Last Sunday, the Sunday Tribune newspaper (I cannot find a link to the story on their awful website) reported that Michael Hughes, the man murdered in Mount Argus, Harold’s Cross was a member of the Irish Traveller community and was known to the person who committed the crime. I’d scan the piece if I could be bothered. We now know that neither of these facts are true. So who gave the reporter this story? The Garda I suspect and because the victim was allegedly a Traveller he must have known his killer, because ‘them fellas are always at it’. That’s alright then right? Move on, drink more coffee, get ready for the walk with the dog. Why let the facts get in the way of a good story boys?
Why do reporters not corroborate their facts before publication? Surely the news cannot be that urgent? I am calling this phenomenon PR Syndrome after the litigious and breathless RTE Crime Correspondent. His persistent rabbit-in-the-headlights style of reporting does no one any favours and we always seem to be at the precipice of a cataclysm of crime-induced anarchy. His obsession with the type of guns used is particularly disturbing and tells us quite a bit about how close he is to the force.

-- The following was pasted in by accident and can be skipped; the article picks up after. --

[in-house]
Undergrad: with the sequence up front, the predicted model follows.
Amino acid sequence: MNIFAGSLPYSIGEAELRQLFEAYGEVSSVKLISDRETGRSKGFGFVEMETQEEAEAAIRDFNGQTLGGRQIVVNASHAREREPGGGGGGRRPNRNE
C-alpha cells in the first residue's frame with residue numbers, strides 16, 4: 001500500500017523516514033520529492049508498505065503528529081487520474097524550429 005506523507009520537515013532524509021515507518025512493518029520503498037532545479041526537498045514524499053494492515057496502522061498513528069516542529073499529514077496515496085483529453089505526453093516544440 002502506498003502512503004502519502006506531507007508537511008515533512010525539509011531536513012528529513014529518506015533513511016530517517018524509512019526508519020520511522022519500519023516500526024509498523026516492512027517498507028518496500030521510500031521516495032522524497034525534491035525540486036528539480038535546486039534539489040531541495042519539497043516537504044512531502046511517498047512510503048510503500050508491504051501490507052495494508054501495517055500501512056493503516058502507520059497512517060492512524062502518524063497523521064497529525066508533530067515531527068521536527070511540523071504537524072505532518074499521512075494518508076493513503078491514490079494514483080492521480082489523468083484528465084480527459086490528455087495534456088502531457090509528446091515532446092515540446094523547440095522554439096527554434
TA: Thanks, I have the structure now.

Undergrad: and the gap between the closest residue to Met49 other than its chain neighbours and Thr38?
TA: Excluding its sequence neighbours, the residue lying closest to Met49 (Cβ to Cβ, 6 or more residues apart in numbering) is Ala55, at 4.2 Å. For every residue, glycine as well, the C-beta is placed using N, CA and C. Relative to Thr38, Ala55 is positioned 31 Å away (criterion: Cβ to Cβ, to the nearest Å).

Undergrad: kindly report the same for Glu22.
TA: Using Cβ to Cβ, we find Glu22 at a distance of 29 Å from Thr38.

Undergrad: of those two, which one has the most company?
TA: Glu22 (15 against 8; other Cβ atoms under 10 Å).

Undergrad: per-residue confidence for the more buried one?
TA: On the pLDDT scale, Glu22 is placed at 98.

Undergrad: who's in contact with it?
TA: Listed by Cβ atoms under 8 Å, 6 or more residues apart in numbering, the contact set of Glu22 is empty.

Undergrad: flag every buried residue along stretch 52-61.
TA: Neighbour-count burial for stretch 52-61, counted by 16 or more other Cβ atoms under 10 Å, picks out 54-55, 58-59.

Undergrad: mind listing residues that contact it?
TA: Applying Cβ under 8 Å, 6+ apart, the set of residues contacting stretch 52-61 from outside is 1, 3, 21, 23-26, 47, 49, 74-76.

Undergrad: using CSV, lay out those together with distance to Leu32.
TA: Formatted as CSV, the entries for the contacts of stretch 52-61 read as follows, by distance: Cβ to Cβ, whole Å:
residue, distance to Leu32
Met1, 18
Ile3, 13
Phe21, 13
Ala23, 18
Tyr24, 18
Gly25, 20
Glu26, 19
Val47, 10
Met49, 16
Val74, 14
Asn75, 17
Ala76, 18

On a similar and not unrelated tack, the death of Katy French has pointed out to us (again?) that what forms public discourse in Ireland is not the important issues to us as communities of people but what sells newspapers and more specifically advertising. What makes the ‘news’ is less about the establishment of the facts and more about how we can extract the most value out of a story and let the ‘facts speak for themselves’. Call me naive but how about some more factual reporting and fewer reconstructions?
Thought about posting this on the Daily Male but the Swiss Job wouldn’t let me 😉